S Afr Optom 2007 66(2) 40 From the Editor’s Desk
An enormous and complicated administrative structure has been put into operation in an attempt to
evaluate and assess university educational offerings. Institutional audits are to be performed at regular intervals to determine whether the various educational programmes on offer are achieving specific goals, some of which have little to do with actual quality of education. Indeed these internal and external audits are carried out in such a fashion that they seem to have much more to do with creating what appears to be an impressive show rather than with actually determining anything of lasting value or indeed much that would contribute towards really improving tertiary education. University academics are being made to spend a great deal of their time at mostly senseless and unproductive meetings and workshops; apparently to learn how to moderate examinations and assess students for example, despite their many years of doing just these activities. Indeed the whole system seems designed mainly to create opportunities for consultants, outsiders and external organizations to earn large amounts of money with very little regard for whether the money is well spent or not. One even needs to ask questions as to whether there are financial inducements or other perverse incentives operating to facilitate some aspects of this whole process. Meanwhile research output and the true quality of that output appears to be rapidly diminishing while scandals concerning plagiarism and falsification of experimental and other data are increasing despite the essentially useless mechanisms that are being overtly organized to monitor or control tertiary education. Concentration on the educational content of the courses that academics present and self-improvement of the knowledge and skills of these same academics appears to be much less of an important aspect, so long as they waste sufficient time at workshops of some sort that mostly has very little to do with excellence of education or enhancement of research activities. Every five minutes or so, official or other documents need to be redone as new directives are issued from different agencies that are all apparently unable to finally make up their minds what they actually want or need and thus continually reorder new information in different formats. Unnecessary meetings and new committees are established at a rate that far exceeds the mating habits of nymphomaniac rabbits on high doses of Viagra. The only saving grace is that more and more of these meetings gradually fail to achieve their minimums required for quorums - not that this usually tends to prevent such meetings from actually taking place anyway. All of these aspects of so-called quality control of tertiary education have the important and major effects of creating a negative atmosphere that lowers morale and lessens the likelihood that South African Universities will become more capable of producing original and creative work of an adequate or satisfactory international standard. What is truly astounding is that very little protest seems to emanate from the academics of South African Universities or from educationalists in primary and secondary schools. Perhaps this is really at the root of what is truly wrong with tertiary education (and, to a large extent primary and secondary education) in this country. Mostly, academics, and indeed teachers in schools, seem to be afraid to challenge the systems in place whether or not they seem to be appropriate or sensible. And, indeed should they do so their concerns are largely ignored while yet more committees are formed and new documents are prepared to fill more empty rooms and to remain generally unread. There should be a better way to growing education and solving the many problems of this country! High quality education and original research can only grow and prosper in a free, open and supportive environment where academics are able to explore and concentrate on these aspects alone. It is not produced through committees, directives and mindless and meaningless documentation of various sorts. So, perhaps some of these aspects should be re-evaluated and easier and more effective systems should be put into operation as soon as possible.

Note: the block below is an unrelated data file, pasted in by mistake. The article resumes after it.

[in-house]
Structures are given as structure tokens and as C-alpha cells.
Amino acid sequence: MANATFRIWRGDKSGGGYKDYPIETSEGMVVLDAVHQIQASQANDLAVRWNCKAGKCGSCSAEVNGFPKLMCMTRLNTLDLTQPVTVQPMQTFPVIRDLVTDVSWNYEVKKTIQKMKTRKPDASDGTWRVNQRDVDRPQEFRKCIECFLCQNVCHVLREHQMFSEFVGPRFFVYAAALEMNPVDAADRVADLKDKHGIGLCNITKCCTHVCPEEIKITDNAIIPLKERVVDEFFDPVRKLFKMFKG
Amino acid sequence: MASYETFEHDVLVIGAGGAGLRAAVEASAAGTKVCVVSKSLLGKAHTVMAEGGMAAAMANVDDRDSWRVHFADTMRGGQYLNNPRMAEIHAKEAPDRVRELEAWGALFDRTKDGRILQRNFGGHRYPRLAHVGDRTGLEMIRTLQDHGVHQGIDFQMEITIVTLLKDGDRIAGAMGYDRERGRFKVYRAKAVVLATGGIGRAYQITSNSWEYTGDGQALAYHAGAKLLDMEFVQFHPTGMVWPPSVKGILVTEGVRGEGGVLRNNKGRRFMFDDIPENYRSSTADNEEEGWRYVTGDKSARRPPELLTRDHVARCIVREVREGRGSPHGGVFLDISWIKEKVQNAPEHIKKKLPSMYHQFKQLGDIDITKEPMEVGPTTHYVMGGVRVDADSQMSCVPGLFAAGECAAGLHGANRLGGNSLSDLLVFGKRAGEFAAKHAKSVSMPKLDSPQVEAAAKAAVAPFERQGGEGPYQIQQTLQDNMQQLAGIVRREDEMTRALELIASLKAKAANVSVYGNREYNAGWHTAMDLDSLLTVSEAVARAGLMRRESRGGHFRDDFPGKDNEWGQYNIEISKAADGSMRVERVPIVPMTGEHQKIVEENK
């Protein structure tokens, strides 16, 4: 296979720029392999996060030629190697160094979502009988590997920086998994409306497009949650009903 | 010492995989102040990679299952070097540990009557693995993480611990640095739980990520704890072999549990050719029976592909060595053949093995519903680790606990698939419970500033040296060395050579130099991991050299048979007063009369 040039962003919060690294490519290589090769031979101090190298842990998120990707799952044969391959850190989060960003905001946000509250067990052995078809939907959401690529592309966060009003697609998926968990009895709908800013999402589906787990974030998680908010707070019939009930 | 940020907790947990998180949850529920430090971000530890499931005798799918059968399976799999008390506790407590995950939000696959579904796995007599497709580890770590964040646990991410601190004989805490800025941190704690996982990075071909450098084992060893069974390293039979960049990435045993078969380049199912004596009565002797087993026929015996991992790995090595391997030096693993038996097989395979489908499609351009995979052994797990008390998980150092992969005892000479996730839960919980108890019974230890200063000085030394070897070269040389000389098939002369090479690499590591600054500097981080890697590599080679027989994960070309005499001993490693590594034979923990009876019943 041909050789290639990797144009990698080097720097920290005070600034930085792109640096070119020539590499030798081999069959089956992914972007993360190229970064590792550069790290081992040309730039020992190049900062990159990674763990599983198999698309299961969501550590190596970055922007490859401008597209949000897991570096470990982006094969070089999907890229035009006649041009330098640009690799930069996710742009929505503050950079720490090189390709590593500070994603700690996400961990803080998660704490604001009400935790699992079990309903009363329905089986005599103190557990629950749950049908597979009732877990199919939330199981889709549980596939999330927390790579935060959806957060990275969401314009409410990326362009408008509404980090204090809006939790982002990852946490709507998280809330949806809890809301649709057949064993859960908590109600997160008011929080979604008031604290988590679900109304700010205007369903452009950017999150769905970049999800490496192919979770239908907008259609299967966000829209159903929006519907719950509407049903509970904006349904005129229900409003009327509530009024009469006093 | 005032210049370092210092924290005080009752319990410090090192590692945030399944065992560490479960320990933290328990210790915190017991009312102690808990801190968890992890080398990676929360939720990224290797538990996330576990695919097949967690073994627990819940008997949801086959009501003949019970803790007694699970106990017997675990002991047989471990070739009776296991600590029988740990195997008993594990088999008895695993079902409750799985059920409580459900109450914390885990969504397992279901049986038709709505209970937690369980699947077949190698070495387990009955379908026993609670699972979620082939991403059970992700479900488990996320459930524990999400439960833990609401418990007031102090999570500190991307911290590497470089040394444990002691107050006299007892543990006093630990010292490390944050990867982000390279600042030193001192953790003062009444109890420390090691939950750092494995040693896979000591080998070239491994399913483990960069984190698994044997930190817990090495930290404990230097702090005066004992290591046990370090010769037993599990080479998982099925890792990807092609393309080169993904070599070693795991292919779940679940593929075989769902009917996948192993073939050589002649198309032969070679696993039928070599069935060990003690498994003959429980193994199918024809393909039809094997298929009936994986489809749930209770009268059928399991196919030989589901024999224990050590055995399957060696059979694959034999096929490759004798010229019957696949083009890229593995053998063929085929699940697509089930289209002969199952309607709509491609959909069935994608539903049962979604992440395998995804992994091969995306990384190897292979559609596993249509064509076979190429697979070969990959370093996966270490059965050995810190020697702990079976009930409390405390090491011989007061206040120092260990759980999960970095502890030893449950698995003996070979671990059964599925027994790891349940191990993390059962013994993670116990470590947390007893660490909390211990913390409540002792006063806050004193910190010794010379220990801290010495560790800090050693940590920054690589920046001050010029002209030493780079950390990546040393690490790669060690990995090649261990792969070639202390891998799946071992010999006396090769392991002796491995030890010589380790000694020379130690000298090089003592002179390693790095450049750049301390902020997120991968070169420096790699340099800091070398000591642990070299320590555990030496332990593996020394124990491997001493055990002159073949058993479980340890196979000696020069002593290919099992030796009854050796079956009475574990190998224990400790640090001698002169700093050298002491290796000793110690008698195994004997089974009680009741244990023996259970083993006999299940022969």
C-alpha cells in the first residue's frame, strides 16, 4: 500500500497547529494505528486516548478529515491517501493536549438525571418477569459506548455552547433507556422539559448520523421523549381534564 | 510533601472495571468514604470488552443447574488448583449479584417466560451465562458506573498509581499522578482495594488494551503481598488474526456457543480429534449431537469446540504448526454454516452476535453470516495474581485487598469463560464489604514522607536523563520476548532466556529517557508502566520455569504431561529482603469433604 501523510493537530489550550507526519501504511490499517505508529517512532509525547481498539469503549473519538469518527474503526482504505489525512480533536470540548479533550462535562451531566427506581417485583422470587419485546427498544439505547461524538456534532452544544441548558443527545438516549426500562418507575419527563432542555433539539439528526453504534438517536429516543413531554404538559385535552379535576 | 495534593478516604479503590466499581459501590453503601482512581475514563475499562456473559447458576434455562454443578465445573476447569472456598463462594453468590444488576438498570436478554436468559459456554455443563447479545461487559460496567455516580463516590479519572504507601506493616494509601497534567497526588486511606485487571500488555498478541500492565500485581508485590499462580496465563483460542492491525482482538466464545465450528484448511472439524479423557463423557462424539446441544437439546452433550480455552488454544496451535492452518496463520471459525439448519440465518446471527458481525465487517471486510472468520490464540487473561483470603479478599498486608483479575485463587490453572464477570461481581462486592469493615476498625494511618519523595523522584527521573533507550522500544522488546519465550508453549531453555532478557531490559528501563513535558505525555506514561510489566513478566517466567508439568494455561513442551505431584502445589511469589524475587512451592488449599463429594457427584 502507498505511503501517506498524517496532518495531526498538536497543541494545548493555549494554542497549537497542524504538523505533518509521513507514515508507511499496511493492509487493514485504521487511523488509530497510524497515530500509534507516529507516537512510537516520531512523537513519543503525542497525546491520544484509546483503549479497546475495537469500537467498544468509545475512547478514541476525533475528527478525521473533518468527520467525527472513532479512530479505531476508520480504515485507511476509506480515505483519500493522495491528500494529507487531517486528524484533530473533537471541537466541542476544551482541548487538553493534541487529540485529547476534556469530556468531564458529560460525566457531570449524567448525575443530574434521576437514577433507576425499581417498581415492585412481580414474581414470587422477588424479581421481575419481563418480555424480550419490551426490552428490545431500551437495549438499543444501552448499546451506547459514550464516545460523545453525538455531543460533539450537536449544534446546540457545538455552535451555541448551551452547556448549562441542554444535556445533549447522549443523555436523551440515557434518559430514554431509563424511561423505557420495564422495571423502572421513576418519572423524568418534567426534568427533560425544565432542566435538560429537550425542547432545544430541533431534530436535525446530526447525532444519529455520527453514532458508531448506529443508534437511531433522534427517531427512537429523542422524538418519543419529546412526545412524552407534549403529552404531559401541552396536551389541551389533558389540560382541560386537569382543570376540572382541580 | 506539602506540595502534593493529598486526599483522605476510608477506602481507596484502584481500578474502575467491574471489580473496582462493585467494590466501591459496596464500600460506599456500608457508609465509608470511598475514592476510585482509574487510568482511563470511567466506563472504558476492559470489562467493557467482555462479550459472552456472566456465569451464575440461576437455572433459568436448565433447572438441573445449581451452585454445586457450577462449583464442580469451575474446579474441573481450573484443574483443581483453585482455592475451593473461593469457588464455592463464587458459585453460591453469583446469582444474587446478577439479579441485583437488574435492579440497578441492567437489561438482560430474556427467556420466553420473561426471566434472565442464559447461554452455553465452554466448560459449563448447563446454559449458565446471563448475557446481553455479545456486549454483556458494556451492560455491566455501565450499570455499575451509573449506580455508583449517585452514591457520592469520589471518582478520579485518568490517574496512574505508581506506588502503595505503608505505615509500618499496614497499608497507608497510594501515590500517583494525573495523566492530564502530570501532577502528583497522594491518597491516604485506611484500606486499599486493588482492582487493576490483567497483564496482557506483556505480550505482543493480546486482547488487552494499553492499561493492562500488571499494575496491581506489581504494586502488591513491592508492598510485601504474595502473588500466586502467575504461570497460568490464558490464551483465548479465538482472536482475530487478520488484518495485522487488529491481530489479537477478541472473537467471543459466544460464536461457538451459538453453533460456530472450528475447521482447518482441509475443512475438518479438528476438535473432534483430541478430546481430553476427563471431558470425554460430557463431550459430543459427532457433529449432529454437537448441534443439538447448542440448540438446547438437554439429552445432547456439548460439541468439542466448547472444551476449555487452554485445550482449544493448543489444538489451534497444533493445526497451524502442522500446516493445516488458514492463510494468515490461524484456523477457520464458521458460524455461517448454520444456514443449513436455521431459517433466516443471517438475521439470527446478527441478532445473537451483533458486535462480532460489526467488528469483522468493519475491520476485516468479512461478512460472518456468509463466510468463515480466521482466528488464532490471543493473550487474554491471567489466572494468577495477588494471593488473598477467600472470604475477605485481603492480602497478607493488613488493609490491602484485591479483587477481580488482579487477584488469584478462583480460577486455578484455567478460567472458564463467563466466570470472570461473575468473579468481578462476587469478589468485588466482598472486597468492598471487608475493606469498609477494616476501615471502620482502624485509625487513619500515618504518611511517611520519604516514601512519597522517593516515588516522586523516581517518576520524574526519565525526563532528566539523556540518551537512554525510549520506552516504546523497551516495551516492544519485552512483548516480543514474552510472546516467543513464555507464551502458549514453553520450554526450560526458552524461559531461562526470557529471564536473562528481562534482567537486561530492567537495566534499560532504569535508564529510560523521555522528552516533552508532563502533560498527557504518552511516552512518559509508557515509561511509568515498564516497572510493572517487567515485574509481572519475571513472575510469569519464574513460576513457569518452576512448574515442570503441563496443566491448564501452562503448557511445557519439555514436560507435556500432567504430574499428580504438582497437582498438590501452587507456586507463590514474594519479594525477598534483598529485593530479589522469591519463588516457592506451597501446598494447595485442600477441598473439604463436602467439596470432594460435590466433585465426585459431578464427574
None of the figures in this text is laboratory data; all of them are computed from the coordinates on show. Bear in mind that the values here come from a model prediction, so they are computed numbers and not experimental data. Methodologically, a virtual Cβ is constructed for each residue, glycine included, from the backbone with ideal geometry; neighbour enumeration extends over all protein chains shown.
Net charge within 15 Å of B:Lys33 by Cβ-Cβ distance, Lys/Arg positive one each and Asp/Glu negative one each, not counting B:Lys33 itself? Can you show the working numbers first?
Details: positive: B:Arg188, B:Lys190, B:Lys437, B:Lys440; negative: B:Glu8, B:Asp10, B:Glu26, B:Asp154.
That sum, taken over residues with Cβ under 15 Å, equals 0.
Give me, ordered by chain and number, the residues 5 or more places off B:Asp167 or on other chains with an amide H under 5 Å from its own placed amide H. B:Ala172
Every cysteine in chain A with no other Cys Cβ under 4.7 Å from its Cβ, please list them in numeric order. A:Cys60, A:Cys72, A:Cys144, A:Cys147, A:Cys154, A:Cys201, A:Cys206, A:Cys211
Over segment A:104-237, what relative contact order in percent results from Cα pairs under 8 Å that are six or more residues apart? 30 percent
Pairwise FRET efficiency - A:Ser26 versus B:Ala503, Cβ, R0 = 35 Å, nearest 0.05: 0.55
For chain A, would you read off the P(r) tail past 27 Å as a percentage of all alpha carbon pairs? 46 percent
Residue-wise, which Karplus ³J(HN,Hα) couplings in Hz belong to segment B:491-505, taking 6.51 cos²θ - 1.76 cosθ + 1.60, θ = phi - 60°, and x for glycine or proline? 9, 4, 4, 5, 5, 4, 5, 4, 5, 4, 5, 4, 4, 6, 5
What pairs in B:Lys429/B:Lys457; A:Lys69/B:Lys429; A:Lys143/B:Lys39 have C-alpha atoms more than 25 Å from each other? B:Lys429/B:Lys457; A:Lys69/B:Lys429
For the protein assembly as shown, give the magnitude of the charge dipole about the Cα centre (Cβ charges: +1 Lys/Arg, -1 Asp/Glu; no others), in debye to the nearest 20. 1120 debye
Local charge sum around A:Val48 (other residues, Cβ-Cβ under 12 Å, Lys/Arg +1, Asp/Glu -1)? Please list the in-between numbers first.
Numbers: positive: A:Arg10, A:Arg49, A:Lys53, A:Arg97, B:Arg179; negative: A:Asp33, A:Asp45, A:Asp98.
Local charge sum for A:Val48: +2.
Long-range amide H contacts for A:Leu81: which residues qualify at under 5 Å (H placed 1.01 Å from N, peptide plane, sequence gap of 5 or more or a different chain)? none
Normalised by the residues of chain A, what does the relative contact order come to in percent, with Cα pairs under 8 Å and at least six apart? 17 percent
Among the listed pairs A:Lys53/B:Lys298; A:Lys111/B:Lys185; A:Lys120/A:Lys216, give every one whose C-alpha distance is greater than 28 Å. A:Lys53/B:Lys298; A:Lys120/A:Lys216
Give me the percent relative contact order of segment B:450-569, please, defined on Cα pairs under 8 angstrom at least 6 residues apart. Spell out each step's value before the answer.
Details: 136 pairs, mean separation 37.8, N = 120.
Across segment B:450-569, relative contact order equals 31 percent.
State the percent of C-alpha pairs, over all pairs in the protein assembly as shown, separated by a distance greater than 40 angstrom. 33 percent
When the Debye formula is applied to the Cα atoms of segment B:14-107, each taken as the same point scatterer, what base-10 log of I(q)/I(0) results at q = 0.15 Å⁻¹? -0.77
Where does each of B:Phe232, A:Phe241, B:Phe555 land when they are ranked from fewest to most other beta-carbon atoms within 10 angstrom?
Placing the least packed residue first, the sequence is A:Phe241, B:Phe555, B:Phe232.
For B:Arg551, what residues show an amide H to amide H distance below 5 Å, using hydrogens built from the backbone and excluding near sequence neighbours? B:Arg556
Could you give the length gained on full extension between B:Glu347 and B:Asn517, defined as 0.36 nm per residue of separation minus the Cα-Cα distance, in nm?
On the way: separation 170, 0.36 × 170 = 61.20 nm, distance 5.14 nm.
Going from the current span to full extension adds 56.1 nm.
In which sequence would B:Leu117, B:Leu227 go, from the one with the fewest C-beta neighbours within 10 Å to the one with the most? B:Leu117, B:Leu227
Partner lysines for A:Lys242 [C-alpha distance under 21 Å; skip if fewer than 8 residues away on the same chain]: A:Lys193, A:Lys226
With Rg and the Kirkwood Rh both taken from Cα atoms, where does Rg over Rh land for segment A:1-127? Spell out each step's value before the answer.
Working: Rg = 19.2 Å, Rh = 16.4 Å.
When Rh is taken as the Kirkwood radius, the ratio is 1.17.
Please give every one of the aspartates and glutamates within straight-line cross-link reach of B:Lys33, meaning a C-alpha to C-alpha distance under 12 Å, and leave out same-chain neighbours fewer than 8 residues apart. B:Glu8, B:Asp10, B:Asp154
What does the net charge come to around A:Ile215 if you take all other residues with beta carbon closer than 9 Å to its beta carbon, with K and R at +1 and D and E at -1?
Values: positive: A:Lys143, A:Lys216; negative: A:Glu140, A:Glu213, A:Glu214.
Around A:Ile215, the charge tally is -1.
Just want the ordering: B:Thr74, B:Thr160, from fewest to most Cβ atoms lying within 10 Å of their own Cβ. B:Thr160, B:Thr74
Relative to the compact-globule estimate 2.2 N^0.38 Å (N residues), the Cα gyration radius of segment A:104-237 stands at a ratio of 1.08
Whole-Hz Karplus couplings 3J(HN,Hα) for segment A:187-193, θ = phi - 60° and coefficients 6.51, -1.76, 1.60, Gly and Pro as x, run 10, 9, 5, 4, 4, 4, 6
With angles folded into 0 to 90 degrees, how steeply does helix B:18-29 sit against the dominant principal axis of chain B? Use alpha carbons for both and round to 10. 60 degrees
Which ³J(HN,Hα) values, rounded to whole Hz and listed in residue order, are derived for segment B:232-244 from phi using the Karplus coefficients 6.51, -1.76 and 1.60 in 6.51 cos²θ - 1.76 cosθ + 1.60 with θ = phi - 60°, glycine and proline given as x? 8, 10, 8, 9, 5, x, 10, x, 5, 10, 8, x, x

The South African Optometrist – June 2007
Vitamine D Fysiologie De term ‘Vitamine D’ is een verzamelnaam voor verschillende vitamine D-moleculen. In de praktijk treedt vaak verwarring op doordat niet wordt vermeld of men het heeft over vitamine D2, vitamine D3 of metabolieten daarvan. Wanneer een vitamine D spiegel wordt vermeld, wordt normaliter de calcidiolspiegel (25OHD3 = 25-hydroxycolecalciferol) bedoeld. Colecalciferol
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